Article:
Limits of Naipaulís antipathies
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He is entitled to his stories about Ayodhya. But if that fiction is sold as history, some pushback is inevitable
Pratap Bhanu Mehta, in his "intervention" in the matter of Karnad vs Naipaul ('Master of antipathies', IE, November 9) is brilliant when he writes: "Without a sense of hostile distance, you will not be able to get through to the deep passions that animate people. Empathy produces a superficial understanding. It rests on the presumption that some form of sympathy can make human beings intelligible. Antipathy, in this view, produces a deeper form of understanding, because it cuts through the self-justifications of agents to reveal the deep, often unconscious complexes that drive them." But also helpful? I'm not so sure. I firmly believe that contra-factual history writing can provide many insights, but would never suggest it is indubitably or totally helpful in every instance.
Concerning V.S. Naipaul ó my apologies to those in India who can only call him Sir Vidia ó it may be useful to remember the old Sherlock Holmesian insight about the dog that didn't bark at night. Certainly when it comes to championing his insightful antipathies, I well know how he feels about India, Africa and the Caribbean islands ó or rather the relatively darker people in those lands ó and have long benefited from his antipathetic insights concerning them. I have had trouble, however, of benefiting from the same when it comes to the fairer skinned folks, in particular those in his preferred domicile. Nor have I seen him lumbering up to wag a finger at those who misunderstand his antipathies and use them for their own not-so-helpful purposes.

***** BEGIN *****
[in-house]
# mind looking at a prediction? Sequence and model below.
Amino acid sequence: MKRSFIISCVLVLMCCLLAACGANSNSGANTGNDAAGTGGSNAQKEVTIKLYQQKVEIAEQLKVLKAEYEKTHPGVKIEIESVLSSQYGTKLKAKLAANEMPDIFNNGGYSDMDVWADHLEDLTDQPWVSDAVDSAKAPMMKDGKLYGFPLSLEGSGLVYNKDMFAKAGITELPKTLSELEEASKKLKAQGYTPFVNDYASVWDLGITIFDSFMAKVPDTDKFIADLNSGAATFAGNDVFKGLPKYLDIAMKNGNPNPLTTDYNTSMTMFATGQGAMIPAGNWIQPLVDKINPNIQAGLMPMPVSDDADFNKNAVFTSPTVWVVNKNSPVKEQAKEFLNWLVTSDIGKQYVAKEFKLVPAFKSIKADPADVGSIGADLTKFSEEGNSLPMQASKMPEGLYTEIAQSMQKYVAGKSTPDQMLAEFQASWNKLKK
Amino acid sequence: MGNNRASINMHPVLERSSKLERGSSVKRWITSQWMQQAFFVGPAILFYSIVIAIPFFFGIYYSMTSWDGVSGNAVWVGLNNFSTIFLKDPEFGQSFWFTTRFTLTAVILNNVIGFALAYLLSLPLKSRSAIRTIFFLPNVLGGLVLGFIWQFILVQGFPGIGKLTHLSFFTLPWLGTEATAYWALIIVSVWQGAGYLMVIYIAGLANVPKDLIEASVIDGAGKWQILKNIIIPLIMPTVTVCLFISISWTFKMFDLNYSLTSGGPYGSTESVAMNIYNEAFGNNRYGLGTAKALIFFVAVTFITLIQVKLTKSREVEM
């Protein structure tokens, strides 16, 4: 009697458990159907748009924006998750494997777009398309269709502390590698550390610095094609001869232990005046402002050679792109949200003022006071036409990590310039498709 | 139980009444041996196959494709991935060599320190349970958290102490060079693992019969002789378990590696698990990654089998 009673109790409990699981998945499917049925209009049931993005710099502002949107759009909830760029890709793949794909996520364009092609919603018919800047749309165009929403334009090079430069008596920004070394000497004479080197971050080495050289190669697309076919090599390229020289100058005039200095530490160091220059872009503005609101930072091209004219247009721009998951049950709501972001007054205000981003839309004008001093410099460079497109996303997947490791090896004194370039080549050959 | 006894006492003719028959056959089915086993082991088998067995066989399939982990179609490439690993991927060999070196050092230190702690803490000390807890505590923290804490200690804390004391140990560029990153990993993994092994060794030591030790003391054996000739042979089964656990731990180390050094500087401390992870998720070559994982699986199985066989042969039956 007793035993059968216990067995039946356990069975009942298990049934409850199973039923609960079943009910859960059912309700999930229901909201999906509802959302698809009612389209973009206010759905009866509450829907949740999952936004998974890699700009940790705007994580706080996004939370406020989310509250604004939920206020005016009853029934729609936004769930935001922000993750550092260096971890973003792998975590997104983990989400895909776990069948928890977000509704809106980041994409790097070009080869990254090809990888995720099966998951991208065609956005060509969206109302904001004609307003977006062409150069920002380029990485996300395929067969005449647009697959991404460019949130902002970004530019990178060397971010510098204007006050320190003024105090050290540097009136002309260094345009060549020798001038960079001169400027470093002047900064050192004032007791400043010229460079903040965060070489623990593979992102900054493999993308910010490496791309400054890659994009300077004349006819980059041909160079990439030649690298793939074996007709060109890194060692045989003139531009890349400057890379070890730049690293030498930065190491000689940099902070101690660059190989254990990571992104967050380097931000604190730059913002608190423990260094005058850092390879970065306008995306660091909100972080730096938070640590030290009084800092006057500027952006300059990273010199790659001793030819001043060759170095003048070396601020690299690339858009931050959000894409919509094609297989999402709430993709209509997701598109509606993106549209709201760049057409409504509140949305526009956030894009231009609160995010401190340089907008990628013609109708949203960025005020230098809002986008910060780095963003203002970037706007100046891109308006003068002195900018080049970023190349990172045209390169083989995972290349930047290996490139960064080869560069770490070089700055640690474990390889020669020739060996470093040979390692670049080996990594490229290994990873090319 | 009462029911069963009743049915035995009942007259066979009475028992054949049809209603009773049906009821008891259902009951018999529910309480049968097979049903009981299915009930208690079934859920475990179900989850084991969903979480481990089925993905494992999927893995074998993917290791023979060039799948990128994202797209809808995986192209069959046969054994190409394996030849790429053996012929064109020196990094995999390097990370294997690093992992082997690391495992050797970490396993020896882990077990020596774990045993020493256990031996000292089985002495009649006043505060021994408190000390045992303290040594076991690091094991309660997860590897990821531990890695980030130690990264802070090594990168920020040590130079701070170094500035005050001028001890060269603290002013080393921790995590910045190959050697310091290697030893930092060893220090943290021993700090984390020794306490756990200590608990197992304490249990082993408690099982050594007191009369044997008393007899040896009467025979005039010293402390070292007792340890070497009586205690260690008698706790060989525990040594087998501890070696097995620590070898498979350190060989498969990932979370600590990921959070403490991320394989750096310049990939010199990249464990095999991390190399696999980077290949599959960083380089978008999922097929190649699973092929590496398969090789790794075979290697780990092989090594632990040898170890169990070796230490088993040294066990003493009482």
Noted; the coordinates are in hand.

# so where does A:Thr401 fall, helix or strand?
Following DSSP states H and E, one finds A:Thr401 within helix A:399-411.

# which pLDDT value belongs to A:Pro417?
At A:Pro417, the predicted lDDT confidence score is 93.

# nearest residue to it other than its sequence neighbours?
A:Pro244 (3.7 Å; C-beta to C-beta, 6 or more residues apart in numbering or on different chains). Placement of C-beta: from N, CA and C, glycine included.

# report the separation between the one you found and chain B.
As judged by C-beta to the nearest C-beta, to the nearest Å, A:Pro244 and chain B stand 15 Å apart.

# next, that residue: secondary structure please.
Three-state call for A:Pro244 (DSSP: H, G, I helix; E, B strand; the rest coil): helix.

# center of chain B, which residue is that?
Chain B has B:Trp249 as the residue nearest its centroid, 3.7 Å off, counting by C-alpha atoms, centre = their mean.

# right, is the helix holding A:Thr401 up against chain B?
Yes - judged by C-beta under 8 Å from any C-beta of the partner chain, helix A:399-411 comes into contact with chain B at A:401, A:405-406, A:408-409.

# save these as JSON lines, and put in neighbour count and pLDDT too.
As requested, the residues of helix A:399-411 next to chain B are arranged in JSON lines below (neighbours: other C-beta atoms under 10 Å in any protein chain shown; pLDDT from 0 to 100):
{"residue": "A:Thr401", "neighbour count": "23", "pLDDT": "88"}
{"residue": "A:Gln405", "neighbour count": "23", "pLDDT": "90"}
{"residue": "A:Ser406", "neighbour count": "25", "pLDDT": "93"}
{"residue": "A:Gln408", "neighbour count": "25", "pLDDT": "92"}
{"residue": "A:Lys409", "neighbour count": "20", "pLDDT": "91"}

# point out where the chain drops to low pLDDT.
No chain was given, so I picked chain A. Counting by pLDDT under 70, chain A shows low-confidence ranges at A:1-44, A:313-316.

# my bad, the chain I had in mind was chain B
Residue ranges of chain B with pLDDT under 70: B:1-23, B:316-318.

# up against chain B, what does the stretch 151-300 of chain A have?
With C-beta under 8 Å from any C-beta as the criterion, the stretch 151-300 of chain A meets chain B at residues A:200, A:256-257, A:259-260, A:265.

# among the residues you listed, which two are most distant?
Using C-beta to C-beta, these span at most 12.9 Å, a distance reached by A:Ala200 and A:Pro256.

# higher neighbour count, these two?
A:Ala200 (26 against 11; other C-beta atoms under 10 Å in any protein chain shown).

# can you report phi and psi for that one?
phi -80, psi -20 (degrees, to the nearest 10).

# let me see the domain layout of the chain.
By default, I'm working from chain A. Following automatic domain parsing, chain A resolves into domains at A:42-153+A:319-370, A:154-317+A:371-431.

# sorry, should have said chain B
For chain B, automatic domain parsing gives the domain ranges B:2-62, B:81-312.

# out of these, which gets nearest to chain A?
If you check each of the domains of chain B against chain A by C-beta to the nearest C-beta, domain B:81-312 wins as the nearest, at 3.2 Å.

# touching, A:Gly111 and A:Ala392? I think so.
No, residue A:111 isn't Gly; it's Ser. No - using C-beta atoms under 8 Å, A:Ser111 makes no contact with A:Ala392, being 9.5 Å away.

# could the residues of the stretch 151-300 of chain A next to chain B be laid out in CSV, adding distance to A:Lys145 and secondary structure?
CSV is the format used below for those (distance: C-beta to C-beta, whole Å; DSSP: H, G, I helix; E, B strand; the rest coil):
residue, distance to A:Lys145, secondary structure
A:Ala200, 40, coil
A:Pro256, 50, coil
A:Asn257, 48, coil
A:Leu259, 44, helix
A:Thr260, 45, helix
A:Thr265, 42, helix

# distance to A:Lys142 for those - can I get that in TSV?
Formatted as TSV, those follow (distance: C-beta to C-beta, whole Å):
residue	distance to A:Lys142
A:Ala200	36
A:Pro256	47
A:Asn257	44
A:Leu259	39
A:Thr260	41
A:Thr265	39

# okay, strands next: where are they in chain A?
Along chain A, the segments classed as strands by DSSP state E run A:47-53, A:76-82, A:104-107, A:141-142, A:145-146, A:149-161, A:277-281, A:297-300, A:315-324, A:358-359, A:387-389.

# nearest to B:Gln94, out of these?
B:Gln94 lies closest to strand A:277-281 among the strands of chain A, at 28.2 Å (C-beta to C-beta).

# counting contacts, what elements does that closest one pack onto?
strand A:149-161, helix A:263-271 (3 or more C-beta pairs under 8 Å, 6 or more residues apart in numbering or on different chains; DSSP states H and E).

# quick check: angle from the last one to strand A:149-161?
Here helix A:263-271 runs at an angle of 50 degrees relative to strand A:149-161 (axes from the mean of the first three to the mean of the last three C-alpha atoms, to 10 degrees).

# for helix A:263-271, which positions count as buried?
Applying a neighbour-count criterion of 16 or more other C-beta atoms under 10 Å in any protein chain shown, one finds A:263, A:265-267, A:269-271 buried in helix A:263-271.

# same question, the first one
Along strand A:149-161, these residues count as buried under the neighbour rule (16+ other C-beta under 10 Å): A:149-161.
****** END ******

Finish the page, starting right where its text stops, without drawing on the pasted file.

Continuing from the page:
It is true that the devil lies in the details, but it is also true that the divine is not far away either when it comes to details. Naipaul as a fictionist has the right to choose his moments of history when it comes to Ayodhya; he can be as selective as he wishes in order to craft his fiction to his satisfaction. But if his agent or publisher, not to say Naipaul himself, sells that fiction as history then some pushback has to come. For Naipaul and his admirers, Ayodhya begins and ends with two dates: 1526 and 1992. Nothing happened in between. Nothing else matters. A psychic wound was made in 1526; it miraculously healed ó well, not miraculously; a lot of nasty bits played some role ó in 1992. But for the local people, who, according to Naipaul, should be most deeply wounded, a few other dates did matter. For example 1855, when a Muslim nawab sent a Hindu general with a small army and many cannons to stop a fanatic Muslim from laying claim to parts of Hanumangadhi in Ayodhya. The general was successful, and properly rewarded. Or 1949, when Ram Lalla made his miraculous appearance in the sanctum of the "disputed structure". Naipaul wouldn't know, and antipathetically wouldn't care if he did, that there was then in Ayodhya someone named Swami Akshay Brahmachari who undertook a fast in order to heal the wound that his beloved Ayodhya had received. That the Brahmachari was deceived by the politicians in power is also something Naipaul wouldn't care to know, nor the little detail that, for a couple of decades after the "miracle", the Muslim appellant and the Hindu defendant used to travel from Faizabad to the high court in Lucknow and back in a shared taxi, and retained their friendly ties as long as they lived. I remembered these tiny details when I read the sad news about the most recent disturbances in Faizabad. To Naipaul, they would be just more proof how right he was about India's wounded psyche.